The purpose of NCLB is to ensure that all children have equal access and opportunity at obtaining a high-quality education, while at the same time being proficient in state academic assessments. The NCLB Act contains five principles that schools must abide by in order to meet the standards for qualification.
These principles play an important role in ensuring that all children get the education they need. This paper will discuss the pros and cons of each one of these principles and explore how they affect diverse learners. Principles of the NCLB Act The first principle, strong accountability for results, includes standards schools must follow to make sure each pupil meets the minimum standards set forth by NCLB.
To satisfy the standards, students must meet adequate yearly progress AYP through testing against curricular objectives. When the test scores fall below minimum requirements, the school has two years to make changes and bring scores up.
Testing begins on the third grade, and continues until the eighth grade. Many people, including myself, feel that this standard has pros and unintended cons. We all deserve to have schools in which students are really learning. The second principle, expand flexibility and control, involves the specifics of what makes the NCLB program a success. If after three years they are below NCLB standards, they become eligible to receive tutoring. In the event the student is below NCLB standards for four years, the school steps in to take corrective action.
In my opinion, a con of this principle is that the school should step in before the student is transferred to a new school; there is little good derived from simply transferring to another school if the pupil continues falling behind as a result of having poor basic skills. If the child has basic deficiencies, a tutor should be assigned as early as possible, as recovering lost time becomes more and more difficult. He adds Bush's budget would leave "over 4. In the past, the NCLB focused more on math and English, while ignoring other vital subjects such as history, science and foreign language.
Meaning that when the kids move on to higher levels in their education, they will be not as knowledgeable in those subjects. This upcoming school year, will mark the first year in which students knowledge of science will be tested among certain grades. Another major concern that opponents of NCLB, which include all major teachers' unions, state is that the Act is slacking on improving education in elementary, middle and especially in high schools.
This conclusion came about with the evidence of mixed results in standardized tests. The standardized tests are deeply flawed and biased for many reasons, and the need for teachers to have better qualifications has made the teacher shortage in the country worse.
More testing and tougher tests, tougher and more basics-focused coursed in middle and high school, and also a clearer knowing of college bound and non-college bound students. Even though a good education is necessary now and days, not everyone is interested in continuing on into college. With the schools knowledge of this, they can provide programs geared towards those who choose to mark their own path.
The Bush Administration also made a new controversial proposal making it possible for students at failing schools to receive a voucher to transfer to a private school. Finally the Bush Administration is proposing that public school funds would be used to pay private and religious schools. As of right now the students have two options, either transfer to another school or get tutoring at the schools expense. Since the budget falls short by seven billion dollars, there is no extra money, so the schools have to use their money to fund the programs that Bush promised by passing this Act.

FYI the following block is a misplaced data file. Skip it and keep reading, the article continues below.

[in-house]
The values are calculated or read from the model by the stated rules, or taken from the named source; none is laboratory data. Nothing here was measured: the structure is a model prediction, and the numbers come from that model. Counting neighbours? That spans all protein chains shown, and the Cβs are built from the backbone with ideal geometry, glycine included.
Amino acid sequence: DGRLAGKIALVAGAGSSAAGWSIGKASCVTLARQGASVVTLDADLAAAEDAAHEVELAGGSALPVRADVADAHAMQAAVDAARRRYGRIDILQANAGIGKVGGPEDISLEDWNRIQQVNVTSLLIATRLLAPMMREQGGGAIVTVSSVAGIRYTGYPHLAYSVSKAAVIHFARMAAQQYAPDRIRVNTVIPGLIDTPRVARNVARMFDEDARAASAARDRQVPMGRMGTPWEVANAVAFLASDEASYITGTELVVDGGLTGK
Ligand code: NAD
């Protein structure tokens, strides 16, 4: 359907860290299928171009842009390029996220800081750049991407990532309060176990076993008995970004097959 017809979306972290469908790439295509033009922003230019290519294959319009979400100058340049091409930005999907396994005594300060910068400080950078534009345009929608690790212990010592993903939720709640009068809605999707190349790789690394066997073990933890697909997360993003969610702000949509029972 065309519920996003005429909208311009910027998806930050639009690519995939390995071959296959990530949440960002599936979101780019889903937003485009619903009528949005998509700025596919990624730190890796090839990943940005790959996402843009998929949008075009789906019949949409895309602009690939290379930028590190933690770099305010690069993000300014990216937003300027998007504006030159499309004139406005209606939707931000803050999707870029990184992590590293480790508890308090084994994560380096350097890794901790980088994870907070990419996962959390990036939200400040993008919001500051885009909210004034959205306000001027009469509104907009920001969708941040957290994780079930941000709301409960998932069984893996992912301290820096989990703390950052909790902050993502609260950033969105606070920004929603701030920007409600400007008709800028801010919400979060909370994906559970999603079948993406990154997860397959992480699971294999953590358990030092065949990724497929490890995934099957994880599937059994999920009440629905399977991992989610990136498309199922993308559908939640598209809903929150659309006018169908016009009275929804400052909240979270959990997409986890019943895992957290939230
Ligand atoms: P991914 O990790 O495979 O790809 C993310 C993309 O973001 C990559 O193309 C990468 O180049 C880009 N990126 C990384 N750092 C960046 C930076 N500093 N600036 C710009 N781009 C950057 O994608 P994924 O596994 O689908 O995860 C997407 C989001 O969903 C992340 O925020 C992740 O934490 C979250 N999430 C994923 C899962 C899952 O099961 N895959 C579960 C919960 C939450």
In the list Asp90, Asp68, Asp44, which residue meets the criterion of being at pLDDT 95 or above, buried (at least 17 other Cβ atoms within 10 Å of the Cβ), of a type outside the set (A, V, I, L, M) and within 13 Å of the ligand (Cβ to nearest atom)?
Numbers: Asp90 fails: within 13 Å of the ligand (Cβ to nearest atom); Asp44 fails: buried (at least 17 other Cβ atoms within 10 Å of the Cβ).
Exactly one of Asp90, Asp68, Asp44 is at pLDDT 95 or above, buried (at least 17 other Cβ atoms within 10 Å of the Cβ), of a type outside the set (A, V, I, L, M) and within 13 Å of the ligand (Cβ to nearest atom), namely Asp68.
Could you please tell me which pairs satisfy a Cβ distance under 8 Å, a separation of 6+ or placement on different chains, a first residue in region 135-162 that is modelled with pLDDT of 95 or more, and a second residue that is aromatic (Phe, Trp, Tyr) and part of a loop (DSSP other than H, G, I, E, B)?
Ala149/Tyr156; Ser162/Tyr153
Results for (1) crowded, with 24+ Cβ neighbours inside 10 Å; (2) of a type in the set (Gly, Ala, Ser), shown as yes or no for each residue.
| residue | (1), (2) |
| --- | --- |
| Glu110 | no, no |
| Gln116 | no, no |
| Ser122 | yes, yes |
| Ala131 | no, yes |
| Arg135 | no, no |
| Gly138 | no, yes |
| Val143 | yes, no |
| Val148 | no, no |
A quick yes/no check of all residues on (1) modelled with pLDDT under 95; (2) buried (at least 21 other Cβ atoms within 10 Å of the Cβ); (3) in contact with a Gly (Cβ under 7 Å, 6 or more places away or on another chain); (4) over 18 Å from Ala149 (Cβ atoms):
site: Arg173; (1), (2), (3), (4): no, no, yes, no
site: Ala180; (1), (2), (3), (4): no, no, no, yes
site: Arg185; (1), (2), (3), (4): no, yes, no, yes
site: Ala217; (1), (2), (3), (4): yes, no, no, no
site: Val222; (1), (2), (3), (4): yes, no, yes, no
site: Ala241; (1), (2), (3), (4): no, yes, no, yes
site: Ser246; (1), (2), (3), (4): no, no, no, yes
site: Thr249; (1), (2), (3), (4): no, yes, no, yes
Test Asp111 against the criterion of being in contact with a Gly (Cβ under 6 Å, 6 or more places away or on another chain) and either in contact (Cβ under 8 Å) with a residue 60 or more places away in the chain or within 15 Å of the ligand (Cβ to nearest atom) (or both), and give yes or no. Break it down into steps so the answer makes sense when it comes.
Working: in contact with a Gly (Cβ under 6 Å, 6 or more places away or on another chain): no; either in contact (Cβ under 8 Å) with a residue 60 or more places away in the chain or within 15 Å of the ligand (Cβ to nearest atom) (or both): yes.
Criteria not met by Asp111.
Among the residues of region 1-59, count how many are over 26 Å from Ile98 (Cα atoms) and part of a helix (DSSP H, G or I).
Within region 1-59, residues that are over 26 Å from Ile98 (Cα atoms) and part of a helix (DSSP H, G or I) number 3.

One problem with this is, schools are branded as not being able to have the same opportunities as others. Even though there is all this criticism floating around the NCLB, there is a positive side. With the NCLB in tact, accountability standards are set and measured annually by each state and made available to parents so they too can watch the growth and achievement of their children and their school. Testing results will also be. Nclb This essay Nclb is available for you on Essays
[tags: No Child Left Behind, USA, ] Better Essays words | ( pages) | Preview. A Nation at Risk and No Child Left Behind: Deja Vu for Administrators - Before the No Child Left Behind act came into effect there was a report done in called A Nation At Risk. Within in this report is information and statistics about how academic.
The No Child Left Behind Act, a federal social program that tries to encourages after school programs should be eliminated and the extra funds given to schools to decide where it goes. The NCLB Act, “was designed to improve education and achievement in America’s schools in four clearly defined.
No Child Left Behind essaysIn a perfect world all children would be equal, and they would learn without any reservation throughout their school career, but the world is not perfect and unfortunately our nation's children come from diverse backgrounds that prevent such an equal school environmen. Introduction. This paper researches the history of the causal problems that led to U.S. government policy resulting in the No Child Left Behind Act.
Essays - largest database of quality sample essays and research papers on No Child Left Behind. The No Child Left Behind Act of President Bush signed The No Child Left Behind Act in as part of his educational reform plan. The plan includes four key principles: stronger accountability towards schools for performance results; expanded flexibility and local control; expanded options /5(18).